That's one of the silliest things I've ever heard. Customers get no respect from these types.

P.S. that does look like a sealer reacting kind of like when poly or wax absorbs water from a wet glass. But you say it's black not white.

This post was edited by snookums2 on Tue, Jun 4, 13 at 19:15

    Bookmark   June 4, 2013 at 1:02AM
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srosen

Try the stone pro stone scrub on a small area and see if you can remove the sealer. There are more aggressive mediums but this is a good place to start. After looking at the pic I think it is sealer residue. There are some other more aggressive powders that may work.
I could be wrong but its worth a try.
Have you tried paint stripper-will remove the sealer.

    Bookmark   June 4, 2013 at 10:37PM
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kevdp4

Marron Cohiba or Antique Brown typically is a very good choice for countertops. It should not be sealed.
I agree your problem is probably related to sealer on the surface that is etching. That is a very common issue when dense stones are sealed when they shouldn't be.
The sealer manufacturer is not helping you at all, but he is right when he said his product is an impregnator, not a sealer. Products used on stone countertops are impregnators, not sealers. MEK should remove the product. Tenax has developed a product that will work but I'm not sure it's available in the states yet. I hope you find a solution.

    Bookmark   June 5, 2013 at 4:10PM
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snookums2

You know, if you start messing with this $10,000 stone trying to remove the sealer yourself, the fabricator will be able to relinquish himself of any responsibility. I don't understand why you are trying to fix the problem instead of him.

    Bookmark   June 5, 2013 at 5:30PM
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srosen

I think the fabricator in this case relinquished himself right after he sealed it.

    Bookmark   June 5, 2013 at 8:11PM
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snookums2

He may not be taking responsibility, but he still is responsible for having messed up the stone. Once she starts applying products or sanding, he's probably off the hook. And can blame her for anything. If he can't fix his error, he should replace it.

This post was edited by snookums2 on Wed, Jun 5, 13 at 23:44

    Bookmark   June 5, 2013 at 11:43PM
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frantex

I am having the same problem. i just had the stone installed 2 days ago and i now have 3 rings from wine bottles. please tell me you found a solution.

    Bookmark   November 27, 2013 at 10:15PM
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oldryder

I am a fabricator.

your problem isn't etching, its something else.

you are making this your problem and it should be the fabricators problem. From the pics and your description it looks like the fabricator applied the wrong product as that stone does not normally have problems like you describe. your pics do not look like etching, more like a top coat of something that is getting damaged by common household liquids.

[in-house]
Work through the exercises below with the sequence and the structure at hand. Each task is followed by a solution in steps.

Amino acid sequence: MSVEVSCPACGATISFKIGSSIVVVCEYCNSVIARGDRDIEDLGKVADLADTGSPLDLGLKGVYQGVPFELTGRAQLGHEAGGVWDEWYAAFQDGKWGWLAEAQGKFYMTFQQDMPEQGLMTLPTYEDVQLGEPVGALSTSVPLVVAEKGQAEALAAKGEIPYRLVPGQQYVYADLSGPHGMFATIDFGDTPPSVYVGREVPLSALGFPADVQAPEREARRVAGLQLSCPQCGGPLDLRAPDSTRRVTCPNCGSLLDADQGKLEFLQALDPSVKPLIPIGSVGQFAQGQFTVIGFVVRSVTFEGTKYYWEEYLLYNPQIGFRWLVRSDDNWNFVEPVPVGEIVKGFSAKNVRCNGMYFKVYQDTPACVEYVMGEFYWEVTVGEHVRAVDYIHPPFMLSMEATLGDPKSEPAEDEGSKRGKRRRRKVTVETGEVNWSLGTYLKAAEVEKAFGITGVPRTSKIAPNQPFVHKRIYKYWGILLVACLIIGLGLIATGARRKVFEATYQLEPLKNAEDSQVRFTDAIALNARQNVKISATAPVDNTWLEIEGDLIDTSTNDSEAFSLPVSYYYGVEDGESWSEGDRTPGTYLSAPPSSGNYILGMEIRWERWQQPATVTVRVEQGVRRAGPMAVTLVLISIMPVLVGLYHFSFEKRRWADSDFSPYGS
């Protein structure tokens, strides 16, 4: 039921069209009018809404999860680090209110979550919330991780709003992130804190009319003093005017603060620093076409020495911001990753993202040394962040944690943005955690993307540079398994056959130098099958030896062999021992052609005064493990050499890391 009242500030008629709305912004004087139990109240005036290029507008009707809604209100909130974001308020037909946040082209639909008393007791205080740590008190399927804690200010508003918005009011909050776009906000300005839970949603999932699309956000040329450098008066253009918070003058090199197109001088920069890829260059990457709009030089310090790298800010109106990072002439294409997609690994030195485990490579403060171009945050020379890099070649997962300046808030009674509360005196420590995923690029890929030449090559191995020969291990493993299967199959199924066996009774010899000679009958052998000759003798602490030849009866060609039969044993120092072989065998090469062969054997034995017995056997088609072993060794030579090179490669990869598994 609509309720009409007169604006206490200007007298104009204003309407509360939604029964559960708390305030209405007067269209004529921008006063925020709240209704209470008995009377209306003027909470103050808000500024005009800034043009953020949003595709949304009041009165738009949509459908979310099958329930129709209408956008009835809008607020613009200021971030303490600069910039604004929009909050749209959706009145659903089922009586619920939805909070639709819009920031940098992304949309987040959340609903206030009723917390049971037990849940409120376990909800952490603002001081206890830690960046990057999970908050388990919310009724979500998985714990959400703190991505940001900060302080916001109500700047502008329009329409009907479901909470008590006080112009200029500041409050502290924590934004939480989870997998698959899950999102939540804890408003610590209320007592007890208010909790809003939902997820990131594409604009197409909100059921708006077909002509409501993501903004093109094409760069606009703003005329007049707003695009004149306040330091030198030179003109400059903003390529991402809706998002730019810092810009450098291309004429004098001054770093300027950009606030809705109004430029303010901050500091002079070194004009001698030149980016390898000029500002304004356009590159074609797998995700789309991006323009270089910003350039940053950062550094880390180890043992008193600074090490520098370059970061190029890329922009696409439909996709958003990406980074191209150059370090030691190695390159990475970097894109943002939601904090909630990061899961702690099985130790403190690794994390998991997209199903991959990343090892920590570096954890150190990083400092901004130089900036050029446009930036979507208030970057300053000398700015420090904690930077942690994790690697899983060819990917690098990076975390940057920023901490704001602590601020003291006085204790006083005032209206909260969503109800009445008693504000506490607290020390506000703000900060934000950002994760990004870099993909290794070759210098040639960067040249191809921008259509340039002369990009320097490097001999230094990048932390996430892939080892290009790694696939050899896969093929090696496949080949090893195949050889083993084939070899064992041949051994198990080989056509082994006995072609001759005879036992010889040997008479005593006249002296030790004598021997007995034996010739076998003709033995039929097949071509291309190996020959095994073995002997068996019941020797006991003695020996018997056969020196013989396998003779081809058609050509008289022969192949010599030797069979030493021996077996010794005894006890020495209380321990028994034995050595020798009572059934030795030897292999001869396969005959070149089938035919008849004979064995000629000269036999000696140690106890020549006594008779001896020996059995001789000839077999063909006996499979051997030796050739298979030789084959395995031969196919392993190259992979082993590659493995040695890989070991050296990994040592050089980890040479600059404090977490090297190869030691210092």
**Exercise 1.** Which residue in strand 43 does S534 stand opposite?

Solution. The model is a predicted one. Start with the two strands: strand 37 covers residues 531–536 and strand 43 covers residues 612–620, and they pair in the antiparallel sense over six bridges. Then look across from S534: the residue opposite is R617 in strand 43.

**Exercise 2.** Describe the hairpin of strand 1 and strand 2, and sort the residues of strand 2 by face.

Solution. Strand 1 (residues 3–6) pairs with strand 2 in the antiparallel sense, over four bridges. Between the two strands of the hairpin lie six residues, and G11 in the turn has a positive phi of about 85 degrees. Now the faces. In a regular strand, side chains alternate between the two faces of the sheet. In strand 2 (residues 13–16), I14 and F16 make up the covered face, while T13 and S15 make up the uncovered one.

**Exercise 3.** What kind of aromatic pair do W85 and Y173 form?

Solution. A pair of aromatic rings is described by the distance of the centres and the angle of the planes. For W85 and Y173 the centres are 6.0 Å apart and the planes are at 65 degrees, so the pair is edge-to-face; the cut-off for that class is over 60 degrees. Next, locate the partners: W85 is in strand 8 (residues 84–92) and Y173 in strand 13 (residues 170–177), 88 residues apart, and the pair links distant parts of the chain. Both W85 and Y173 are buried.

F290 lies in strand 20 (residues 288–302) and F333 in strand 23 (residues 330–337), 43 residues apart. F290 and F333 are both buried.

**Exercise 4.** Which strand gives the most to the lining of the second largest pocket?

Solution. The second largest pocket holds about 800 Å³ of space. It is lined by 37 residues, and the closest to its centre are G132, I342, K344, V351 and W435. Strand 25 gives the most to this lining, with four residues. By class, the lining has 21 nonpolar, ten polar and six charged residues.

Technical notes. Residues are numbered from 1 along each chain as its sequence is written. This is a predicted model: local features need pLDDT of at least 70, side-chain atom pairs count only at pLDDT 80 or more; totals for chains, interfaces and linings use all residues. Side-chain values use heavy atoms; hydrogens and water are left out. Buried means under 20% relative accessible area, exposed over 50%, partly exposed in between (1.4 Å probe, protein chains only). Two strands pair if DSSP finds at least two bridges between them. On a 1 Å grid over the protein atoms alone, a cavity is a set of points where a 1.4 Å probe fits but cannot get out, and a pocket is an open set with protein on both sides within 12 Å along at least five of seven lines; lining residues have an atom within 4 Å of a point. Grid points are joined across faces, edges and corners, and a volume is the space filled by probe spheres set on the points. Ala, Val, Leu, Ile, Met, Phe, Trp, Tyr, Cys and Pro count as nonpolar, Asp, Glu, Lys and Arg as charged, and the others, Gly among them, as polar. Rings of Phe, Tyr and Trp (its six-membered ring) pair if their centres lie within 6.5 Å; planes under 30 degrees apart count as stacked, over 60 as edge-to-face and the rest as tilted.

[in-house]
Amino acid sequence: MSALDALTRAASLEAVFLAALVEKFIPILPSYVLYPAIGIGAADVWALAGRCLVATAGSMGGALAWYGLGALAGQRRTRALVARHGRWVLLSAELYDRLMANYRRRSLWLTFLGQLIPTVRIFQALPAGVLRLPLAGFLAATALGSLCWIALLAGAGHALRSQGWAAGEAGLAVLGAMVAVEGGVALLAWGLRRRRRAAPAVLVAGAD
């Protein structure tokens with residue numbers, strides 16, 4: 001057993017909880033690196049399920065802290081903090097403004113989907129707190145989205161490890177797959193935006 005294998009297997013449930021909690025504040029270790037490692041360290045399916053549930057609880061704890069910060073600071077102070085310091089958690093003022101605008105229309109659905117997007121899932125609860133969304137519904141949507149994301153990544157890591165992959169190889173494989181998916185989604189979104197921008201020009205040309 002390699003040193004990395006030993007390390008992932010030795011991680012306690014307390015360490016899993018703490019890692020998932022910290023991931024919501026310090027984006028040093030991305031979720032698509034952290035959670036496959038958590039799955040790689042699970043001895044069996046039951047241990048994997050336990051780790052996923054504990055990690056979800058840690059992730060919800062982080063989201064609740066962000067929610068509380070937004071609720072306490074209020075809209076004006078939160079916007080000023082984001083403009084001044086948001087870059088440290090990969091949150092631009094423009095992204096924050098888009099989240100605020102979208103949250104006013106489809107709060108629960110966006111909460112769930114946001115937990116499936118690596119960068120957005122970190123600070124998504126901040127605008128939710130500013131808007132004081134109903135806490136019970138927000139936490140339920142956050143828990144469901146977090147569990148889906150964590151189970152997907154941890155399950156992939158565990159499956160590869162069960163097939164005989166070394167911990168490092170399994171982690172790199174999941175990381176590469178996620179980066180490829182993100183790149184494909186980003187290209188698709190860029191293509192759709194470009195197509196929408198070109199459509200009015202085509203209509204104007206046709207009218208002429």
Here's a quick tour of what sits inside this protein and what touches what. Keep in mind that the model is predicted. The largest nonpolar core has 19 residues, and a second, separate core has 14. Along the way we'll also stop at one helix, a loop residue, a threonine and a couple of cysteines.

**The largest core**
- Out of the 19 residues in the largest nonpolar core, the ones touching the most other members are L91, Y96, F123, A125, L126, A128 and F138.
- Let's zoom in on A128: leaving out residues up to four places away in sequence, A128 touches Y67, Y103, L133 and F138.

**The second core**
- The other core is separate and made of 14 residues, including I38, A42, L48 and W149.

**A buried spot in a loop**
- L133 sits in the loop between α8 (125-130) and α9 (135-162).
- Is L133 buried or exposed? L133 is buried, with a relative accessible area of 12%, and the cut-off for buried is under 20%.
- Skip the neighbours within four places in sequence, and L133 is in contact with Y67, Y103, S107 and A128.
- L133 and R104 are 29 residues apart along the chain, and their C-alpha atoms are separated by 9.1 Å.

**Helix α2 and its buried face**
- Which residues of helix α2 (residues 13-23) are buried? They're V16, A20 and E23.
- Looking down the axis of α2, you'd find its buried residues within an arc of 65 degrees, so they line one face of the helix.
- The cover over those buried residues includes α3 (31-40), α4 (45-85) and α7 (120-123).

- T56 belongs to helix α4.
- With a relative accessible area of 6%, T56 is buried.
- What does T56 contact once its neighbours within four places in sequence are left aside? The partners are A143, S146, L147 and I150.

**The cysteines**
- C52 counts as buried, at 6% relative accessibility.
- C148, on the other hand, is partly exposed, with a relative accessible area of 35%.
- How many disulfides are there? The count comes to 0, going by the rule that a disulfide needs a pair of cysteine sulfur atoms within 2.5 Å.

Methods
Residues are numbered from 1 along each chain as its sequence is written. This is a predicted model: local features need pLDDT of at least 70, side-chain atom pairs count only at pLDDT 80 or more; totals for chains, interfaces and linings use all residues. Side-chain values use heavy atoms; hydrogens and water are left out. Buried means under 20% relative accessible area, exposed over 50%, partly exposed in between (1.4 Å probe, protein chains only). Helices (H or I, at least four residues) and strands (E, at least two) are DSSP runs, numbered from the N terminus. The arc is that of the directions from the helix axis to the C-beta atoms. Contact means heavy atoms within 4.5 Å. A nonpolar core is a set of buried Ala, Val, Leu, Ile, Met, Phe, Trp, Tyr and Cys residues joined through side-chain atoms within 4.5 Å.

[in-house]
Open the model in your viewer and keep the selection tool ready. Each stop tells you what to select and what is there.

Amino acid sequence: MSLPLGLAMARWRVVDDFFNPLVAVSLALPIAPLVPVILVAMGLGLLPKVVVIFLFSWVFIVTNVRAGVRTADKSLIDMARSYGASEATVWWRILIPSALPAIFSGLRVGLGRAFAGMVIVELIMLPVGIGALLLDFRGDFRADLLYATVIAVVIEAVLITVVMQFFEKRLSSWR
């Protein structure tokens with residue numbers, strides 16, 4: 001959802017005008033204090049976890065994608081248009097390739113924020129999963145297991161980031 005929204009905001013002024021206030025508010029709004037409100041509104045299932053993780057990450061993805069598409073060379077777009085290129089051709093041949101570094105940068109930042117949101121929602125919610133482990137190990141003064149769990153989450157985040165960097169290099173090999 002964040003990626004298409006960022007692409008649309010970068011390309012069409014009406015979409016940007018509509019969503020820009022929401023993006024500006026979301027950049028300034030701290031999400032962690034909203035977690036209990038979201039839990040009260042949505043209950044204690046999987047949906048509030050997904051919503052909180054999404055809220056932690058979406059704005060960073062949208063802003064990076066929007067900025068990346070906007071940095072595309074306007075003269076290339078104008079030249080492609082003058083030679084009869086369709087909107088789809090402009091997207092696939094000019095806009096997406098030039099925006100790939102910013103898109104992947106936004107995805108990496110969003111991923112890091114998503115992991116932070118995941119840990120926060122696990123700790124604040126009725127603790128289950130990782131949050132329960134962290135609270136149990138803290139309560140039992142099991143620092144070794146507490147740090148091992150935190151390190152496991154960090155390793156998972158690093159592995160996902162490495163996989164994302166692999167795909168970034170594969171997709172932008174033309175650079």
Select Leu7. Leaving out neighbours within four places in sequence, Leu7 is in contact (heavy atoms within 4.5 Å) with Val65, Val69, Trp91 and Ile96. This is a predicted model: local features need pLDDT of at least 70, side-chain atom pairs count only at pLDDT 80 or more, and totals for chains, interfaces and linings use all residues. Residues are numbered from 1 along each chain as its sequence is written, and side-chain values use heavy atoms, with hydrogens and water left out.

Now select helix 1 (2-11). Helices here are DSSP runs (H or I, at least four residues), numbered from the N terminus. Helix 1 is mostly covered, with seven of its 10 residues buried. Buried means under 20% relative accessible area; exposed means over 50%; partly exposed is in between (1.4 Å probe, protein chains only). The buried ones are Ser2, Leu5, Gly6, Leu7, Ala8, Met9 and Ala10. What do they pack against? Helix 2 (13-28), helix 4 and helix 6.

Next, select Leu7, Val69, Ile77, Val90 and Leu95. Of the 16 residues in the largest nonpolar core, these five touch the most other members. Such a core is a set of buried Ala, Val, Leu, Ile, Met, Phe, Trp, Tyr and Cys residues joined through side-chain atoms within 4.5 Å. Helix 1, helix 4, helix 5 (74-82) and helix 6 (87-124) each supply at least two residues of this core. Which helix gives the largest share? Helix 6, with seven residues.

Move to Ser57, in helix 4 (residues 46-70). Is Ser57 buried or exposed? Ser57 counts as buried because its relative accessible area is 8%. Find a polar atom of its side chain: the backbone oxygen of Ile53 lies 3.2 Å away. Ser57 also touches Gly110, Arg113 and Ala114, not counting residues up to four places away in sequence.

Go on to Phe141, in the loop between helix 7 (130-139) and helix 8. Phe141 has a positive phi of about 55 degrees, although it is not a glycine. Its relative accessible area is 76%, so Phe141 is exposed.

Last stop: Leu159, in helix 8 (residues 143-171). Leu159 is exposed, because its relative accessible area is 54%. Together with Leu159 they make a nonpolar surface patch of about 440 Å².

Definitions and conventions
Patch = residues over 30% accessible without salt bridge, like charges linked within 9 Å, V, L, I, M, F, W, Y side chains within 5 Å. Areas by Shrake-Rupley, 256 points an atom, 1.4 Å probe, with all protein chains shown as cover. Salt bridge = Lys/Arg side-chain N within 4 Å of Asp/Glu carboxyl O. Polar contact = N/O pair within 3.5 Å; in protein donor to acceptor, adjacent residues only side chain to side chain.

This is a blunder by the fabricator that they are responsible for and should fix promptly.

My suggestion is that you tell the fabricator "fix it or replace it" and give them a window of 2 weeks to fix it. If they can't figure out a perfect remedy tell them you want your new tops in by Christmas.

any additional charges for plumbers (and tile guys if you have tile backsplash) should be covered by the fabricator. You'll have to live with another install but it shouldn't cost you a penny!

if the fabricator balks I'd suggest legal action starting with a letter from an attorney. Its surprising how often a letter is all thats required. The fact that you have a sample that is problem free is a very nice asset if you do have to get legal.

Your paid a lot of money for a nice stone and should not have to accept the kinds of problems you describe.

one thought; some schlock fabricators will put wax (often car wax!) on stone that has less shine than they like. A terrible practice since the waxes used are not suitable for surfaces that come in contact with food.

    Bookmark   November 28, 2013 at 7:40AM
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srosen

I agree with old Ryder .
Was your stone sealed ?
Probably so and residue of the sealer left on surface.
Remove the sealer from the surface and your issues are more than likely solved.
The fabricator should be able to do this.

    Bookmark   November 28, 2013 at 11:38AM
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azstoneman01

I have come across a similar situation with what appears to be an etch in the marrow cohiba granite and would like to know if the problem was ever solved.

    Bookmark   January 18, 2014 at 6:45PM
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detroit_burb

this is interesting. a couple of years ago I posted about a sample of this showing scratches and did not buy it because of poor performance of the sample.

http://ths.gardenweb.com/forums/load/kitchbath/msg0610111112568.html

    Bookmark   January 18, 2014 at 7:28PM
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iowaconsumer

As a followup, since some people are still checking this for updates, I can report that the acid etching is inherent in the particular slab and sealing has nothing to do with the problem. An unsealed sister slab was located and tested and it is equally sensitive to any form of acidic water. The etching appears to be permanent and there is no practical way to fix it short of grinding the surface away and going with a mat finish. But that does not really fix anything either, as new etching will still shows. For the next project I went with a synthetic and have had no problems.

    Bookmark   February 24, 2014 at 5:06PM